People do not want to pay higher taxes, and even though our voters support us in our levies and bonds, and our tax base is high, education funding is equalized, so in many ways we are at the mercy of the state in terms of how much we can pay in salaries and other expenses. Fortunately, we have citizens who support our levies (which translates into funds kept right here in our district) and we have active fund-raising for much of what happens in the school through OSC, Booster Club and FOBSE, and other funds come into the district and its employees through the Yellowstone Club Community Foundation, the Ophir School Fund and Women in Action. It is impossible to overstate how important these private funds are in helping us offer the educational experiences our community has come to expect.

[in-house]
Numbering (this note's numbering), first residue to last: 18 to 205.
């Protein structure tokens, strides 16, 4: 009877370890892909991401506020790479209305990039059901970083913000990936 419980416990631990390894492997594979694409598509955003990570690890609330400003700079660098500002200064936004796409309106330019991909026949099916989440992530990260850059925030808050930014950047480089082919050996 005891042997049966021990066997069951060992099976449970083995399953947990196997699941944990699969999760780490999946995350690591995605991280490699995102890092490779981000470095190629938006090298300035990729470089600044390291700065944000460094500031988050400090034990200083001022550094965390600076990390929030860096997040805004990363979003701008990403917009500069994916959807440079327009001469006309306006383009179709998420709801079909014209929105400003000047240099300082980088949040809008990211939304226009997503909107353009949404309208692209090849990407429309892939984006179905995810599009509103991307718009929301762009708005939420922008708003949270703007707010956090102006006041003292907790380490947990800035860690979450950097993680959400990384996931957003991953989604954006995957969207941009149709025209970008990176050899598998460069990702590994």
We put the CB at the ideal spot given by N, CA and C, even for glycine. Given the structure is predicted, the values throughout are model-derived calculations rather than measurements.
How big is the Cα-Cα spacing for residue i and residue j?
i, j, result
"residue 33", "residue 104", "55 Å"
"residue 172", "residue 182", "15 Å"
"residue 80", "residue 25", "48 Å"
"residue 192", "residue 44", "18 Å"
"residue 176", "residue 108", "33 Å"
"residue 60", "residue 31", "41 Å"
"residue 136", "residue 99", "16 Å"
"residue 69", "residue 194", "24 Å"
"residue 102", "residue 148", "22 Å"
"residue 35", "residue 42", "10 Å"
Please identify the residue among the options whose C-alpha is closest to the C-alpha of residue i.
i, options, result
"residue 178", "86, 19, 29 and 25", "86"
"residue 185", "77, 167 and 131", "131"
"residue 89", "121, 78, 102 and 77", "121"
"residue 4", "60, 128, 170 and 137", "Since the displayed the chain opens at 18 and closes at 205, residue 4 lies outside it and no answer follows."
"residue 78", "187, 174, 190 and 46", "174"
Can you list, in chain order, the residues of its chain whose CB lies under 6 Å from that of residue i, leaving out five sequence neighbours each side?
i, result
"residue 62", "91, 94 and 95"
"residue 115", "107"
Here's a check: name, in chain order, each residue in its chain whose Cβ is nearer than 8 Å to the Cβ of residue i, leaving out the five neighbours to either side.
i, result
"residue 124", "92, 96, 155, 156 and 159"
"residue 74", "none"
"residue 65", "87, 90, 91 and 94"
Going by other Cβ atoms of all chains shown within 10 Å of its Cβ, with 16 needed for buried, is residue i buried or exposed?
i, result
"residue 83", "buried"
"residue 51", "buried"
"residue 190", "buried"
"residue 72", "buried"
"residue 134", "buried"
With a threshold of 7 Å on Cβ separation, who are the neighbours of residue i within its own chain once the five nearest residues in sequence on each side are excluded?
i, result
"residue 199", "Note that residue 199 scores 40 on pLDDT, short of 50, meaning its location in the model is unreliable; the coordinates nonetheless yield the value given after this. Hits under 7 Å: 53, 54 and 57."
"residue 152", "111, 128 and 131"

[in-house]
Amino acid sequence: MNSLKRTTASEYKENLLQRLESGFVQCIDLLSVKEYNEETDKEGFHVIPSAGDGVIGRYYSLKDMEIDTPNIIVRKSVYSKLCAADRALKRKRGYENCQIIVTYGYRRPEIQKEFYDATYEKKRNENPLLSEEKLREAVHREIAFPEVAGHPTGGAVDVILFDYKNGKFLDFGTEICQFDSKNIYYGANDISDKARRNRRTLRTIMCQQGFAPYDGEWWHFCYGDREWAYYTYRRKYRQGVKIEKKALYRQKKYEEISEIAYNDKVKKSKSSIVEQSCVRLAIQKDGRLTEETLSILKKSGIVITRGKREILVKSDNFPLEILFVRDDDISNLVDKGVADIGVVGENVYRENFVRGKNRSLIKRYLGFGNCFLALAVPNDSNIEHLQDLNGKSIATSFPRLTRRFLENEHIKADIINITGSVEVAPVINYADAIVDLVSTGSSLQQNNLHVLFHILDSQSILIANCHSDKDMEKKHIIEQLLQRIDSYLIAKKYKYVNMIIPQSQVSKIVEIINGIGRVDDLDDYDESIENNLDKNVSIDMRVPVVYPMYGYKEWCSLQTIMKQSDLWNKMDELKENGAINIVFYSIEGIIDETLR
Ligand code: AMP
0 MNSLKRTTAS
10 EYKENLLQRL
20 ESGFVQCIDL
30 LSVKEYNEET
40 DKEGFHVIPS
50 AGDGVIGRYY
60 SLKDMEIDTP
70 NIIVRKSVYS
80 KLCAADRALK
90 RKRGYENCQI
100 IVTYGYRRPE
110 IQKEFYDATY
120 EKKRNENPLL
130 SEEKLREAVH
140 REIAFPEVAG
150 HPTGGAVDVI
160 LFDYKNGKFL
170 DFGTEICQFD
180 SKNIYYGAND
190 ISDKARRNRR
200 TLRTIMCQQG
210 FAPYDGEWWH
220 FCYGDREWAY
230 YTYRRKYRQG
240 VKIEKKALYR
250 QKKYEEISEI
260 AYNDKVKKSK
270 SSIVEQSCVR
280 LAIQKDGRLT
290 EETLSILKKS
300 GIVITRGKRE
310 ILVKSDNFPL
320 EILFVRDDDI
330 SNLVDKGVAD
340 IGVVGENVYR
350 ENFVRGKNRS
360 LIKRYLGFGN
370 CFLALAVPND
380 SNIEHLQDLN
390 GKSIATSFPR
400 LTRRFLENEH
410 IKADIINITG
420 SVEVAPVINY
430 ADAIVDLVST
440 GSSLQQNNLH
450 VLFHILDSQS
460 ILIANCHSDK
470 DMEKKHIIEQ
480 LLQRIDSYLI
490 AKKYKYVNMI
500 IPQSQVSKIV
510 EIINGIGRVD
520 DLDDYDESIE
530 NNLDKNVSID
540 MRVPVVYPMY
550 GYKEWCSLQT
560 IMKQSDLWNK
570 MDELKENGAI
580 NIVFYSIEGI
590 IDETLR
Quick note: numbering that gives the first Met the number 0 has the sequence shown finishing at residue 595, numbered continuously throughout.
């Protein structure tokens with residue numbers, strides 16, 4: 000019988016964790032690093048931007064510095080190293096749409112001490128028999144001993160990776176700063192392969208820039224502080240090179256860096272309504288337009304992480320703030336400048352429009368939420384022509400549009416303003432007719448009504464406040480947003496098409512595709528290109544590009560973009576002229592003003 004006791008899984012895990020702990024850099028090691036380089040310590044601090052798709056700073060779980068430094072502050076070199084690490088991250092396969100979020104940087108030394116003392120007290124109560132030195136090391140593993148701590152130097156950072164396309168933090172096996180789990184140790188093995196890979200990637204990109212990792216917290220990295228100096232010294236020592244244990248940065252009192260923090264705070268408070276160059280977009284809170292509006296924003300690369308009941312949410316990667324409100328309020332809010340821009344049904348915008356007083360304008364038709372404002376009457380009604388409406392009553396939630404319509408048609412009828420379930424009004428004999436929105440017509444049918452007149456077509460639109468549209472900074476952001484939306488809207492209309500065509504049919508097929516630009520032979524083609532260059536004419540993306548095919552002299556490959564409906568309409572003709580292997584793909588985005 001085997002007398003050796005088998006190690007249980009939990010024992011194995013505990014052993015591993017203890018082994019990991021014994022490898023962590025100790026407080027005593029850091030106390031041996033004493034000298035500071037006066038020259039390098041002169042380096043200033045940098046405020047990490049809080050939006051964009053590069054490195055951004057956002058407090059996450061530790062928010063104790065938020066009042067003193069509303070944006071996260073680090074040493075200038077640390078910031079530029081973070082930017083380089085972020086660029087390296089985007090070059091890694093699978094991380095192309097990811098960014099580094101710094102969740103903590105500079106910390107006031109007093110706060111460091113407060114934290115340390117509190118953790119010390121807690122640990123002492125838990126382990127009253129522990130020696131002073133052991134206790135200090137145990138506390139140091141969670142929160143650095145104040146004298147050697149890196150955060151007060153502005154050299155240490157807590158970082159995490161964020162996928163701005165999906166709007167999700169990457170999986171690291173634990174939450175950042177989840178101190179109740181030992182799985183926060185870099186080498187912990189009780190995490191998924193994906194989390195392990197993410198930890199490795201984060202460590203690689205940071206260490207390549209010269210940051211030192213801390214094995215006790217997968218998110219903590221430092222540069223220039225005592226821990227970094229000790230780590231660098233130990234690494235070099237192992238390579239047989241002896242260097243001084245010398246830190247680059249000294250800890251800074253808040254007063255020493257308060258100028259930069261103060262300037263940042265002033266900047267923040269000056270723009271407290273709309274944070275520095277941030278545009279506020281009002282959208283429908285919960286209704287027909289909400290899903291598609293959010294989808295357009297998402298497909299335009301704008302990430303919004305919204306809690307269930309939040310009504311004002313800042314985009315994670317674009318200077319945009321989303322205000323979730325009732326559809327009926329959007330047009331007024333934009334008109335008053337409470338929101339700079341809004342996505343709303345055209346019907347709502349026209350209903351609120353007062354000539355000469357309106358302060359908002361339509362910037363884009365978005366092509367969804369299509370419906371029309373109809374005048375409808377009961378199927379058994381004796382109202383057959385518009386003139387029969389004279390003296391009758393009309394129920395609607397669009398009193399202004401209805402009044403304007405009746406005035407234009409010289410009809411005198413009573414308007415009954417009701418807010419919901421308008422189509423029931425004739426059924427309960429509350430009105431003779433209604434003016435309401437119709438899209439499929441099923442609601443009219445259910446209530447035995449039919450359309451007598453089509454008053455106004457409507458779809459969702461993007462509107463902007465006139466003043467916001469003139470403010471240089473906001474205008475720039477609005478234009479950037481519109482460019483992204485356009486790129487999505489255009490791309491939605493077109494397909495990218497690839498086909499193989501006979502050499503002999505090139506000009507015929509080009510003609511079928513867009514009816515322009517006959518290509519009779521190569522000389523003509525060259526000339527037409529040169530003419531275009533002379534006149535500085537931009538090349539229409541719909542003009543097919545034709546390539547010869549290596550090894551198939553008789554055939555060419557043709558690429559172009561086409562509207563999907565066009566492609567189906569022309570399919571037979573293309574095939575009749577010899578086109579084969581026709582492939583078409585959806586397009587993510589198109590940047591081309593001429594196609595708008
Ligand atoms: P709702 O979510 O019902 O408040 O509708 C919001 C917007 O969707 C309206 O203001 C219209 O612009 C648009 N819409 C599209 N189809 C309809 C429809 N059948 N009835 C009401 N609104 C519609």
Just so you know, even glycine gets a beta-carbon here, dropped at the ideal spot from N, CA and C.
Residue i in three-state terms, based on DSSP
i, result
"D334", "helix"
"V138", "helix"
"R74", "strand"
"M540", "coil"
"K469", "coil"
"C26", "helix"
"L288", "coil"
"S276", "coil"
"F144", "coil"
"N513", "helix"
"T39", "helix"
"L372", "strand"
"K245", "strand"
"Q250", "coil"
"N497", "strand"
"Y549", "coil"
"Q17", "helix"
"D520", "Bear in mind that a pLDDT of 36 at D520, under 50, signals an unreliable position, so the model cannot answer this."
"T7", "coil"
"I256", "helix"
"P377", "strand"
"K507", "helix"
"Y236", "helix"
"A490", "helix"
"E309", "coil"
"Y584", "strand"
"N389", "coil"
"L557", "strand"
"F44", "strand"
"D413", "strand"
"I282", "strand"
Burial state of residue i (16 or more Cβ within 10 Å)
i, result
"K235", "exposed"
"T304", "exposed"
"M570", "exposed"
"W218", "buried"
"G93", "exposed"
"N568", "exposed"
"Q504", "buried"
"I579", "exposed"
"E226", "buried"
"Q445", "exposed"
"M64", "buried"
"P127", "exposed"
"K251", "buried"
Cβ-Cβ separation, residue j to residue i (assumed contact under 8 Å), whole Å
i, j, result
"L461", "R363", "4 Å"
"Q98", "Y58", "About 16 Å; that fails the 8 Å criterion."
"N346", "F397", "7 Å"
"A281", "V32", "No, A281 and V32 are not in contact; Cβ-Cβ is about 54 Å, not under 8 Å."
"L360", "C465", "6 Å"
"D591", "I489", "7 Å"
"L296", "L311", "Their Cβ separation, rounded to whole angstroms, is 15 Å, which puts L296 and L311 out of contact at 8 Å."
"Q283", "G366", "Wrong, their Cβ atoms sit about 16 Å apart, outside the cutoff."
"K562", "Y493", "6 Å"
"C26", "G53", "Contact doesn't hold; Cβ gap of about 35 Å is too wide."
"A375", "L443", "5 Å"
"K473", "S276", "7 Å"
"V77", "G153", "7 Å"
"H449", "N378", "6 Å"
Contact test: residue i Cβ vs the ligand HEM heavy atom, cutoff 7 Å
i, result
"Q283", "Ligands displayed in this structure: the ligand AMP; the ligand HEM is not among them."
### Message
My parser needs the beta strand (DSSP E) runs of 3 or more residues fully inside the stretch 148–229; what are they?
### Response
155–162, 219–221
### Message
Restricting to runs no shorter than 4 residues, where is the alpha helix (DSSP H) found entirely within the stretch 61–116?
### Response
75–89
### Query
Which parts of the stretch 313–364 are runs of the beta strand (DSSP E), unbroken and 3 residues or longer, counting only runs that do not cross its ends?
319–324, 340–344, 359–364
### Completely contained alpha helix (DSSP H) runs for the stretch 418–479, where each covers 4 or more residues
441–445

In terms of the future, I think our budget will continue to reflect the value our district has historically placed on procuring the best staff, the most cutting edge curriculum and technology, to help our students succeed. Physical expansion will also surely be in our future.